# Corporate Tax Rate: Definition & Formula

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• 0:05 Definition of Corporate Taxes
• 2:05 Corporate Tax Rate Calculation
• 3:59 Lesson Summary
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Lesson Transcript
Instructor: Tammy Galloway

Tammy teaches business courses at the post-secondary and secondary level and has a master's of business administration in finance.

In this lesson, we'll define corporate tax rates and explore how to calculate corporate tax based on a formula. You'll also learn about the United States' graduated tax system and look at examples to fully grasp the concepts discussed.

## Definition of Corporate Taxes

Julissa opened a candle company this year, and it's been hugely successful. Combined in-store and online sales have exceeded \$500,000! So, Julissa hires a well-known accountant, Pedro Hernandez, to handle her financials and prepare tax returns.

Mr. Hernandez and Julissa meet to discuss the returns. He shows her the total sales revenue of \$650,000 and expenses of \$550,000. That comes out to a net profit before tax (revenue minus expenses) of \$100,000 (\$650,000 - \$550,000). Julissa is so excited to see that she's profitable in the first year and tells Mr. Hernandez she'll use the \$100,000 to expand internationally.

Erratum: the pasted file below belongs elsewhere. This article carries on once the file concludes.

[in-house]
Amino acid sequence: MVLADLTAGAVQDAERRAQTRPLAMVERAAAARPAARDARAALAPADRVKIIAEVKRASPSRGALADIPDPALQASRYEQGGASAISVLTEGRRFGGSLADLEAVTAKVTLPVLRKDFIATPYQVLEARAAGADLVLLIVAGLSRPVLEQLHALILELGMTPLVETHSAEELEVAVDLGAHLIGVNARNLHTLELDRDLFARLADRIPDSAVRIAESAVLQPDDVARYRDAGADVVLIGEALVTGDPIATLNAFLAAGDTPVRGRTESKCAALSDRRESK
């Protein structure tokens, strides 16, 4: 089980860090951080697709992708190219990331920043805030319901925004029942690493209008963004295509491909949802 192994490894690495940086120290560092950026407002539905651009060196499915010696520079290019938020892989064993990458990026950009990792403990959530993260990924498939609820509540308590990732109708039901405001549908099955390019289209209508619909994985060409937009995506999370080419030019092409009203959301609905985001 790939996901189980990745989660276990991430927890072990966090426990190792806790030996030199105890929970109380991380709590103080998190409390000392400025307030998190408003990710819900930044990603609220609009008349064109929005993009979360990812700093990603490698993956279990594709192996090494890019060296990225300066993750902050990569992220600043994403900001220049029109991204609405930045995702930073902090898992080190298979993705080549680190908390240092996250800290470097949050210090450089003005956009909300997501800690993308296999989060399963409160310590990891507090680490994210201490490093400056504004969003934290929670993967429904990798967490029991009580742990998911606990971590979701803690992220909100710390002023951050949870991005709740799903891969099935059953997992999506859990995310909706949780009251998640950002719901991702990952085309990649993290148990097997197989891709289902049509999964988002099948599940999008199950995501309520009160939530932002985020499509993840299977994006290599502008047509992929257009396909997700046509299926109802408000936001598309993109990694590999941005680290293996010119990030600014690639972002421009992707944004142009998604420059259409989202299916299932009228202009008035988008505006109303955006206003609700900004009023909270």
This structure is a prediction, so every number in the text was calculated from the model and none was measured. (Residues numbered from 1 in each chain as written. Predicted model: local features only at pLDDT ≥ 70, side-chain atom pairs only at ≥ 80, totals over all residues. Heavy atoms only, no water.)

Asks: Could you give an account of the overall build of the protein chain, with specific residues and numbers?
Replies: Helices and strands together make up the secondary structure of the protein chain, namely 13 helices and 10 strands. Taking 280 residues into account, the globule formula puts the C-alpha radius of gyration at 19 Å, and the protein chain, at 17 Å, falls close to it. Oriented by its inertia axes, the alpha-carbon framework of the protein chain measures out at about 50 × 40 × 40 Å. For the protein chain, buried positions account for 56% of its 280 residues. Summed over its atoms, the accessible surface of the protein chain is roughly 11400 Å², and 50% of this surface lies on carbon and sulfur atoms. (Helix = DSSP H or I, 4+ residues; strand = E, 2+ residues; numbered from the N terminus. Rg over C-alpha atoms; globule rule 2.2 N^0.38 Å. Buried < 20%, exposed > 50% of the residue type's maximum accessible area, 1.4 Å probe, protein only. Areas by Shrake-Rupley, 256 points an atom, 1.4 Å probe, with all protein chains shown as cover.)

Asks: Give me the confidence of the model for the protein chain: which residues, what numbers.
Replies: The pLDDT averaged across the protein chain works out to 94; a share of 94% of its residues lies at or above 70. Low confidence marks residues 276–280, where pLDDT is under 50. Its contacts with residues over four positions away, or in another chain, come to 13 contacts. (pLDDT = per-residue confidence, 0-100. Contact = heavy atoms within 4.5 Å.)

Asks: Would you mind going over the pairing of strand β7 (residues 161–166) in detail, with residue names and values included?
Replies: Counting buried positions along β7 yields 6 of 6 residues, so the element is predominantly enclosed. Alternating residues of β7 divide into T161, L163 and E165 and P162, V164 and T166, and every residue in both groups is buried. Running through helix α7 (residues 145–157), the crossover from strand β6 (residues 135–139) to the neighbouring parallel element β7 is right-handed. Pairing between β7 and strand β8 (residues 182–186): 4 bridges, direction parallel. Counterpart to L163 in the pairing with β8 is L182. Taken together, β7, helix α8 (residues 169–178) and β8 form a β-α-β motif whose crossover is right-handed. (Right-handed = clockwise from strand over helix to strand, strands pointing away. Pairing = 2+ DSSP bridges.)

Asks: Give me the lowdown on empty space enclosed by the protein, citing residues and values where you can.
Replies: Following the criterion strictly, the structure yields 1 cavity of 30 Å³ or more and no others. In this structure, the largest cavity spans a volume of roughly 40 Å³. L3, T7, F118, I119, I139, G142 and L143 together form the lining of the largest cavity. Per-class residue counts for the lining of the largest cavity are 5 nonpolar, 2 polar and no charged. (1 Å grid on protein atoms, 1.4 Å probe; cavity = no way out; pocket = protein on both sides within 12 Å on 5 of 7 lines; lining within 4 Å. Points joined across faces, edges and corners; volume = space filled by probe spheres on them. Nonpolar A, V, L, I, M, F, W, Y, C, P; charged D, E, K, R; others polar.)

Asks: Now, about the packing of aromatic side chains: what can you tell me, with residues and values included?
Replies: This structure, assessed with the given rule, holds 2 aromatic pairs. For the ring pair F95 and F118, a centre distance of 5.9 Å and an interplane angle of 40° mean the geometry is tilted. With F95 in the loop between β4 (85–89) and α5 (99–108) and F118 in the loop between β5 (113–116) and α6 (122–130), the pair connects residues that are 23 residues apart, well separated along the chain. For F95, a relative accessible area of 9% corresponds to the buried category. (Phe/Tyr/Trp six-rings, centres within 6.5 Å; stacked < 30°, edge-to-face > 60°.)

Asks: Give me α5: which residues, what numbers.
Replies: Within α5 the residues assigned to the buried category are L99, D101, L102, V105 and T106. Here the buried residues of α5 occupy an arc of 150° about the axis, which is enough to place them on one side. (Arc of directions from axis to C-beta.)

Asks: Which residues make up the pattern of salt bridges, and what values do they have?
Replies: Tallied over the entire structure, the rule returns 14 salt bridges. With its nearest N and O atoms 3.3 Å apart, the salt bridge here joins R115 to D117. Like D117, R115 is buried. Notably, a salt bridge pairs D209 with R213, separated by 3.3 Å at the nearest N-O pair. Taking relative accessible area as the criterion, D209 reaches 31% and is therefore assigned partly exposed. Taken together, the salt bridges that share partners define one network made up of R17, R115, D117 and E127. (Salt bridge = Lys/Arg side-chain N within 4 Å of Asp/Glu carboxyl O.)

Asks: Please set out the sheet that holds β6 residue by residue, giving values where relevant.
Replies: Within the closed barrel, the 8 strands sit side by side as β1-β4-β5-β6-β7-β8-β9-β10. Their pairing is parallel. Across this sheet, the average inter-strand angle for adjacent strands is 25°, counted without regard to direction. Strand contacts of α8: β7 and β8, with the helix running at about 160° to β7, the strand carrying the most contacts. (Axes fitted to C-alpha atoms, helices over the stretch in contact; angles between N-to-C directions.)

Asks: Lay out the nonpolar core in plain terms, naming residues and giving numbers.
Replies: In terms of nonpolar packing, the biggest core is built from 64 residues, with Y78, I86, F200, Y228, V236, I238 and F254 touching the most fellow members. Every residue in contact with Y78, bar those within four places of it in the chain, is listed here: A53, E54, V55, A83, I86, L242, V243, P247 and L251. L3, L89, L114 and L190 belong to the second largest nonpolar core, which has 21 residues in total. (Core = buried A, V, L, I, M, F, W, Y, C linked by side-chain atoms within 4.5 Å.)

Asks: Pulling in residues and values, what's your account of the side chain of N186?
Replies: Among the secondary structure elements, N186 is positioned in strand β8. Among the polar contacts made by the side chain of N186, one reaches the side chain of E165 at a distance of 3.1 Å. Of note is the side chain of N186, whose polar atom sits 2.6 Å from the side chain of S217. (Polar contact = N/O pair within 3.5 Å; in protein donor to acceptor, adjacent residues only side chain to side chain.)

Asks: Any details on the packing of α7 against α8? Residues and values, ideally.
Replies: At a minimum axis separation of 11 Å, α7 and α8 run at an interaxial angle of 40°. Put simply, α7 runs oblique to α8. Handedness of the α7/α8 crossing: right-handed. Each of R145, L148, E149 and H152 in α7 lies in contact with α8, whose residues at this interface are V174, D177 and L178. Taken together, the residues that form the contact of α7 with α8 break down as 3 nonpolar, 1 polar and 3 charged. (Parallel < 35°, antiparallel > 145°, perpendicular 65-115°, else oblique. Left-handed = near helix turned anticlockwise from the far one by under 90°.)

However, Mr. Hernandez tells Julissa that, though the net profit before tax is \$100,000, that's not the amount of money available to her, because her candle company is a corporation, which is a legal entity owned by shareholders. For that reason, the company must pay corporate taxes, a percentage of a corporation's profits paid to the United States government to fund federal programs.

Mr. Hernandez explains to Julissa that the Internal Revenue Service, or the IRS as she probably knows it, manages the U.S. tax laws and collects all taxes. Tax liabilities differ based on a graduated system. A graduated tax system is based on the principle that the higher the profits, the higher the tax rate. Below is a table showing the U.S. corporate tax rates for 2015:

It's important to note that personal service corporations are taxed at a flat rate of 35%. Examples of personal service corporations include attorneys, accountants, and veterinarians. In our example, Julissa doesn't have to worry about the flat tax, since candles are not considered a personal service.

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